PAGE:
3. I agree with so many things.... Finishing bead embroidery pieces is so "meh". To me the excitement is DOING them... I too leave them til I have 6 or so and then finish. I think having a piece started at all times is a huge help. Then when you aren't feeling it you just have to SHOW UP in the studio and work a little. Like you said on Kristie's donut - it comes back.

  4. When my muse gets lost, the best way for me to find it is to go in the opposite direction! Usually when I'm stuck, it's because I need a break - some time away.

    I think of it kind of like it's cleaning out the fridge. It might be full to overflowing but if what's in it is past date and green and fuzzy on the edges, it's probably not going to be useful in making a satisfying meal. Clean it out - empty it and then, while I take a break, new ideas and inspirations find me until I just can't wait to get back into the studio and try them all.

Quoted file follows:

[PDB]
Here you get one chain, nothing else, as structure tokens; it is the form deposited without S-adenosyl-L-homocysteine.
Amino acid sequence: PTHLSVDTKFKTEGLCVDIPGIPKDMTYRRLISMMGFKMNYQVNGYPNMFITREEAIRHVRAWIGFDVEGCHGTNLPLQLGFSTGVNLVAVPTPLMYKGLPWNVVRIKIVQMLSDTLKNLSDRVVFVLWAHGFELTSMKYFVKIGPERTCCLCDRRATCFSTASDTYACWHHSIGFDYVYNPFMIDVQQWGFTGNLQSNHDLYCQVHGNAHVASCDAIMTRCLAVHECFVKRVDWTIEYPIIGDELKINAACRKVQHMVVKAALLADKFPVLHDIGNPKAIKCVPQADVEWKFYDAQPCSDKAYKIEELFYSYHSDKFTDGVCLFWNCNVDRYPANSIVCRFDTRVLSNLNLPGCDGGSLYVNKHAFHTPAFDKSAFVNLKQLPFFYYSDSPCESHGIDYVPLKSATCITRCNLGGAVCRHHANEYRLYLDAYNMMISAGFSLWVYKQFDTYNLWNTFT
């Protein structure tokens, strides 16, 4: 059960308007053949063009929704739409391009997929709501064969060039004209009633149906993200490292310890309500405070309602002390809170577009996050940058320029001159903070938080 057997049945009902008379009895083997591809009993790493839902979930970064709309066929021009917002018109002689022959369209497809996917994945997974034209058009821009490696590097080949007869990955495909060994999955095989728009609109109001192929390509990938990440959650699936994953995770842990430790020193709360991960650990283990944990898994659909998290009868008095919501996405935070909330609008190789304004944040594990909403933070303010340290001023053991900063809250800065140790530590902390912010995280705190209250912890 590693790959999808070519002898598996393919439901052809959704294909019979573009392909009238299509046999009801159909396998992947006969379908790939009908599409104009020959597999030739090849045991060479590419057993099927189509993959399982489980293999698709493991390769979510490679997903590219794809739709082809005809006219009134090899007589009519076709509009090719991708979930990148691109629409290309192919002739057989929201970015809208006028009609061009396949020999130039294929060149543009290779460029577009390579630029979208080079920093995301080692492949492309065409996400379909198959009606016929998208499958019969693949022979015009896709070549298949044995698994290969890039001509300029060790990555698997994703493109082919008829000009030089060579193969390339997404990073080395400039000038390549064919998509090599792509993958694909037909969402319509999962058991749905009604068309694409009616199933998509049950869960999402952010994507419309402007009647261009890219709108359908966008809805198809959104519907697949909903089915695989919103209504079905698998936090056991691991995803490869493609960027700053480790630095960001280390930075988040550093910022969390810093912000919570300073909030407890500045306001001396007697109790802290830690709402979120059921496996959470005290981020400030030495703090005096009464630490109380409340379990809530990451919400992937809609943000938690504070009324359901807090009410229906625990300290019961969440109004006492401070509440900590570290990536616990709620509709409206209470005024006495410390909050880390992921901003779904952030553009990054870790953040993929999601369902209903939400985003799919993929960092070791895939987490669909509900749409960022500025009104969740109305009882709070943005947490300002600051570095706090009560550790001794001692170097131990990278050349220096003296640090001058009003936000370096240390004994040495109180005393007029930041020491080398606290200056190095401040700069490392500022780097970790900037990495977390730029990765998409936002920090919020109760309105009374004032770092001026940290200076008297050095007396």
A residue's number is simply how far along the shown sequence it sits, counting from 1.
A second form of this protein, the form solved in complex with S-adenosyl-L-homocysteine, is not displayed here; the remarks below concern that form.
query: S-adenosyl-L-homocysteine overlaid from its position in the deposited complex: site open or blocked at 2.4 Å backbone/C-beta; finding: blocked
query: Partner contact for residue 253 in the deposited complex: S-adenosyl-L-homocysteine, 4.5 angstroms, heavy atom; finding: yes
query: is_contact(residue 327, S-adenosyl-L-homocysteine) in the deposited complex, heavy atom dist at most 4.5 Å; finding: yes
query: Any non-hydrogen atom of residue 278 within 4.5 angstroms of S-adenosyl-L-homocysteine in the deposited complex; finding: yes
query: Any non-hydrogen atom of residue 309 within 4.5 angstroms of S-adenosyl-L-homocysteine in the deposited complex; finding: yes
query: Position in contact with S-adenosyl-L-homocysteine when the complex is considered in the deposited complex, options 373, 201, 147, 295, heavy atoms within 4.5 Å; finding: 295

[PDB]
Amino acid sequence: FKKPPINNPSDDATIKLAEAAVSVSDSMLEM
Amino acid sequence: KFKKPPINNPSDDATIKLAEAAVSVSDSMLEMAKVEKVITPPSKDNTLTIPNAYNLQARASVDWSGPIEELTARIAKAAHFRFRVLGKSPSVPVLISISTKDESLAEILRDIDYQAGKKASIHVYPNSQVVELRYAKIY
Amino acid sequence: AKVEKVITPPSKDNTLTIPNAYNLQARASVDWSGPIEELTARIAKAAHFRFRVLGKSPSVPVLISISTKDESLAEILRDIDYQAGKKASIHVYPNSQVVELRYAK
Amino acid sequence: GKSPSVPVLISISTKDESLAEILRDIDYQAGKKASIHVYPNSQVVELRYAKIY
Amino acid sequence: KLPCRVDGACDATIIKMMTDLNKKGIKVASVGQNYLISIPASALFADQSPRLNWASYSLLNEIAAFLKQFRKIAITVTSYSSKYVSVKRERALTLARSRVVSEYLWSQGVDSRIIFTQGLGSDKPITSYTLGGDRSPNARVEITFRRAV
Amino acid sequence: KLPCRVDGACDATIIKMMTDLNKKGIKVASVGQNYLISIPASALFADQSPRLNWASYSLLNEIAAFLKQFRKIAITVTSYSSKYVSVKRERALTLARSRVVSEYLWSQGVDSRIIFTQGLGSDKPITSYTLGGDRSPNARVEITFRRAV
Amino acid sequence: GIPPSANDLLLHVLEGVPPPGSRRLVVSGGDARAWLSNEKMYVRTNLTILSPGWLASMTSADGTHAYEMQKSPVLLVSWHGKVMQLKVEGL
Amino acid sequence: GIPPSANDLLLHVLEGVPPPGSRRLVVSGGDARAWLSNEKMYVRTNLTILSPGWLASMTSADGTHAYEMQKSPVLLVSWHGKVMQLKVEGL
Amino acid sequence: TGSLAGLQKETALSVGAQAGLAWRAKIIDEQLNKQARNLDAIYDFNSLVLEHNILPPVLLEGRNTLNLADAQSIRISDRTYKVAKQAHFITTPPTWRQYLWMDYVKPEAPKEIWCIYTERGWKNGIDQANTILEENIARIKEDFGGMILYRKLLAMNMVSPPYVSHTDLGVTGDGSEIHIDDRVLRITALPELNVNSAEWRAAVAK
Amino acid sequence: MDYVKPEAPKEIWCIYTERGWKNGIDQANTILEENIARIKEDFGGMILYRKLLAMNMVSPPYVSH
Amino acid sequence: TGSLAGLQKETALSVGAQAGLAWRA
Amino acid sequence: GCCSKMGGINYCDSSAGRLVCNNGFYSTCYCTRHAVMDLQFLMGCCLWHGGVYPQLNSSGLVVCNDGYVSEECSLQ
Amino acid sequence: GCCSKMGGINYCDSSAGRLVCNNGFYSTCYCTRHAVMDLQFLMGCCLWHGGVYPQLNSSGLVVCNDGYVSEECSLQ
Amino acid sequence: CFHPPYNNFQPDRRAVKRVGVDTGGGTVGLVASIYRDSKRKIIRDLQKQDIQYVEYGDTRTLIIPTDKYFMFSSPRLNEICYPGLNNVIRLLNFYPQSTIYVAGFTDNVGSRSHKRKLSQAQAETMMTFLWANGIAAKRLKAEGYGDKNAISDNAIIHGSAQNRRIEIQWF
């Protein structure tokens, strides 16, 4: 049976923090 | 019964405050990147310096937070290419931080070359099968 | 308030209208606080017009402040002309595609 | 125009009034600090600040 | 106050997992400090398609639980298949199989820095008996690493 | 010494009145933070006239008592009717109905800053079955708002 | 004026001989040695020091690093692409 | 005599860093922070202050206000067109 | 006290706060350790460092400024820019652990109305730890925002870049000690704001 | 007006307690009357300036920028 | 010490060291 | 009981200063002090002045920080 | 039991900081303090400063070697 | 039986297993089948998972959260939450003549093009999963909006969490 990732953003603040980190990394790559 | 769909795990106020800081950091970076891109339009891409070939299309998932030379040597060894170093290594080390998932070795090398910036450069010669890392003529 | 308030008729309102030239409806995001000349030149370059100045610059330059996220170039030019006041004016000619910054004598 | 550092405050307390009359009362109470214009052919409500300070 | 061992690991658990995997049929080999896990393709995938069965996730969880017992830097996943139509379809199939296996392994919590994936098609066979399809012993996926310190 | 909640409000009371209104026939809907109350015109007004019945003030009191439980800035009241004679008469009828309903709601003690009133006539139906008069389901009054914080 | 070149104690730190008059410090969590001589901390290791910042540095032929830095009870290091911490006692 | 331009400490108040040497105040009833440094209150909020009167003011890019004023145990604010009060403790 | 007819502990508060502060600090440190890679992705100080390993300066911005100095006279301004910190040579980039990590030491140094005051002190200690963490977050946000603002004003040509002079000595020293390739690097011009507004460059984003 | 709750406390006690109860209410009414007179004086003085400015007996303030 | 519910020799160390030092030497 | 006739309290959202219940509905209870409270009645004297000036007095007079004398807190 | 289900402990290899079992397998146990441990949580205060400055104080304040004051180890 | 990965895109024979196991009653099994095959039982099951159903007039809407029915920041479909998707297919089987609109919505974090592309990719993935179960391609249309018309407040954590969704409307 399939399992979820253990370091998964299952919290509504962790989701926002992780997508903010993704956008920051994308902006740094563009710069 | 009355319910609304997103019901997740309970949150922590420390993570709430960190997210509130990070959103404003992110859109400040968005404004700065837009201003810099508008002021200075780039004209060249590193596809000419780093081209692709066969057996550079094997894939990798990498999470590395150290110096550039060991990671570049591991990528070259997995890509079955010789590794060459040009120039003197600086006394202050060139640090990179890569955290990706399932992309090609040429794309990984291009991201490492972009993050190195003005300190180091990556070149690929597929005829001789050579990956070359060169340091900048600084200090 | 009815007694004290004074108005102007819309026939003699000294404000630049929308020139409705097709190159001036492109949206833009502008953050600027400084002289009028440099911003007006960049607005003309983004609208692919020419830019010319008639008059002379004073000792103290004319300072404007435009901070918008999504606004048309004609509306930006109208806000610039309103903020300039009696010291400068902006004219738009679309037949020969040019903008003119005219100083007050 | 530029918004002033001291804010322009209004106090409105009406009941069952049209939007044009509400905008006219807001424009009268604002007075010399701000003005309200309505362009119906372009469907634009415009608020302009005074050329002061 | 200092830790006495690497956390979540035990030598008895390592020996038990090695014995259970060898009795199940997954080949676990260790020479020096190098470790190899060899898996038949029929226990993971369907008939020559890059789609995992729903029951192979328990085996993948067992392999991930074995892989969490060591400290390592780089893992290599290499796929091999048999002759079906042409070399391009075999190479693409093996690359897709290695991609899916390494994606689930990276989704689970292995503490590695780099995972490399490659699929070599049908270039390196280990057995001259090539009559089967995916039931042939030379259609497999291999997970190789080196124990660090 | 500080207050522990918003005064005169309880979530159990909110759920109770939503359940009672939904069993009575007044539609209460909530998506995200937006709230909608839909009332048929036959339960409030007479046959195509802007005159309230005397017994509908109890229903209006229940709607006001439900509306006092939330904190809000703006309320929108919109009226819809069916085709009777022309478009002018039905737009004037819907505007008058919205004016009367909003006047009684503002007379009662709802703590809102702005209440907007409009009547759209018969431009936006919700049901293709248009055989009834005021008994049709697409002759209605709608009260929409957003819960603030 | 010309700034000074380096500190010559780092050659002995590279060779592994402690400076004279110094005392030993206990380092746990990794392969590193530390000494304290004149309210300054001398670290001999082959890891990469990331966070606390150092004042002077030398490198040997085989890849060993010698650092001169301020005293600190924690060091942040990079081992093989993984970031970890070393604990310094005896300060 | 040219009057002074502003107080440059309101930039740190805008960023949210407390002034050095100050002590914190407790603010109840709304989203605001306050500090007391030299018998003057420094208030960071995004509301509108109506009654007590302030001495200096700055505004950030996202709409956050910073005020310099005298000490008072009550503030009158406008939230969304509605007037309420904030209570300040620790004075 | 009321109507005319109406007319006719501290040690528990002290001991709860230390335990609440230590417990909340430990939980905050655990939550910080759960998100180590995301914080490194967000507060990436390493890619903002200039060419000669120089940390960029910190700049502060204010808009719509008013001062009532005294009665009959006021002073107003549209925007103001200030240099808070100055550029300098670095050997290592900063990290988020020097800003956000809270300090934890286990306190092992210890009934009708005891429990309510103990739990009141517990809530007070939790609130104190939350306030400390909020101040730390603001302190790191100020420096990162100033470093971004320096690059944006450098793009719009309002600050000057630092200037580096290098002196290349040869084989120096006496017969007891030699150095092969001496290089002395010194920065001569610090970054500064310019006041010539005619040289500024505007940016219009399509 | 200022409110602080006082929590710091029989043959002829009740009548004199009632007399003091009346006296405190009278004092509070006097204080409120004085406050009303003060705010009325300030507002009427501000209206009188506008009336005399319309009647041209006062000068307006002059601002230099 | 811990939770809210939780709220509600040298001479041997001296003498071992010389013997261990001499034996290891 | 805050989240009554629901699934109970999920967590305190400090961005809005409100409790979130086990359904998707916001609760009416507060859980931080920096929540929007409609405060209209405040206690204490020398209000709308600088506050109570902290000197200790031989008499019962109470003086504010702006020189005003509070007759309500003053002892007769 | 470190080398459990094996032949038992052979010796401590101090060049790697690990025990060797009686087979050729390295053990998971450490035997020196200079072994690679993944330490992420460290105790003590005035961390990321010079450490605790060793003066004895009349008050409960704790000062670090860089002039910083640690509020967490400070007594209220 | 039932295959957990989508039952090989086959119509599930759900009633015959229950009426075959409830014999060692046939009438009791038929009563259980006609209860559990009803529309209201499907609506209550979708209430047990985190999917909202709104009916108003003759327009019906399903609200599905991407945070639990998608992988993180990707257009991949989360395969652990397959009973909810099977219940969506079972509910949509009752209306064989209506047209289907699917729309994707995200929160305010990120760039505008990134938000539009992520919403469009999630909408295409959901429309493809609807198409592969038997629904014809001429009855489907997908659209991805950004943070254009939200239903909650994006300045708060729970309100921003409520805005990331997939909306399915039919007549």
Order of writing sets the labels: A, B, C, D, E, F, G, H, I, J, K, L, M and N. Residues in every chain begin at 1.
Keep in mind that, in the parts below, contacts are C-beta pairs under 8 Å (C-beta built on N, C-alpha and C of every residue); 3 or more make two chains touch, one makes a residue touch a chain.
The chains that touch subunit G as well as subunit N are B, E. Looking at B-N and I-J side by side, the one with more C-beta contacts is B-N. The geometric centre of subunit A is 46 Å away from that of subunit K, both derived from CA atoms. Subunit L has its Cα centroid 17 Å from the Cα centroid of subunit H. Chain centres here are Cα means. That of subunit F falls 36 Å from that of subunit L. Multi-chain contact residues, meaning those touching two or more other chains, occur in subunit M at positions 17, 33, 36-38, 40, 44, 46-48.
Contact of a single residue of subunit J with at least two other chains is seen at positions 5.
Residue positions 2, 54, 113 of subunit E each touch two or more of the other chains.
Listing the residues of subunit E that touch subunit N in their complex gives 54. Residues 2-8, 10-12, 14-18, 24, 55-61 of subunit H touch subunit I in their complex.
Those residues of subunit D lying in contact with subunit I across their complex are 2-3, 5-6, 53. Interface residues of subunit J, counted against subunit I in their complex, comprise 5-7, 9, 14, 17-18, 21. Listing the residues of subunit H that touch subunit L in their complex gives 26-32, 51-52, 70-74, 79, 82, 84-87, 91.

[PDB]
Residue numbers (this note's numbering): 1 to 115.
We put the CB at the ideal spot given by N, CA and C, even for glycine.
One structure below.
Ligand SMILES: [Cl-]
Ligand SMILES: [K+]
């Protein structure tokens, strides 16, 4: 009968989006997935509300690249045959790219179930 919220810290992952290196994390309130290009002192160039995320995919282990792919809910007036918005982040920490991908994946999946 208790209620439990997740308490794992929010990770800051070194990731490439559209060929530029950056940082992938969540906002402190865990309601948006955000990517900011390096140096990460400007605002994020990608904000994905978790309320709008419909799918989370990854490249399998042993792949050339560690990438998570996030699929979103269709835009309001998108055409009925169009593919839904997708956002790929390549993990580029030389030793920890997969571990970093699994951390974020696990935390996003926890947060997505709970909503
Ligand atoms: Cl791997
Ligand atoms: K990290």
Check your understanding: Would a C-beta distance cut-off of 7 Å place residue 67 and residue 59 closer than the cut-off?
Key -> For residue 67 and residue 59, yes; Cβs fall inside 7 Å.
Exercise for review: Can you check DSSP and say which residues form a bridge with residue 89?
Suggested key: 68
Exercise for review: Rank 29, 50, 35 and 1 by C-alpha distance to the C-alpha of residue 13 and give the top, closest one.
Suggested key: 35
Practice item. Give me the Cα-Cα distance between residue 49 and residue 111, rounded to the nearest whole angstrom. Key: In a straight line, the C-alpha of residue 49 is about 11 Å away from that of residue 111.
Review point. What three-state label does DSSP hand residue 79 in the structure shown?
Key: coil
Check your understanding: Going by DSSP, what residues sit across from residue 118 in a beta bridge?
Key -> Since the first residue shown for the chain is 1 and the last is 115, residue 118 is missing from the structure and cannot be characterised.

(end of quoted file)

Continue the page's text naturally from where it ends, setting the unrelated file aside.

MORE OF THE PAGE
In the book "Do What You Love and the Money Will Follow" -- which I read in the late 80s when I took the plunge and quit my day job to make jewelry -- the only part I remember after all of these years is "Honor Your Laziness" -- it's basically the same thing as my metaphoric fridge purge. You muse -- or lack of one - is telling you something. It says it's not there, not time to create. Go satisfy your soul in some other way and come back renewed and ready to rock and roll.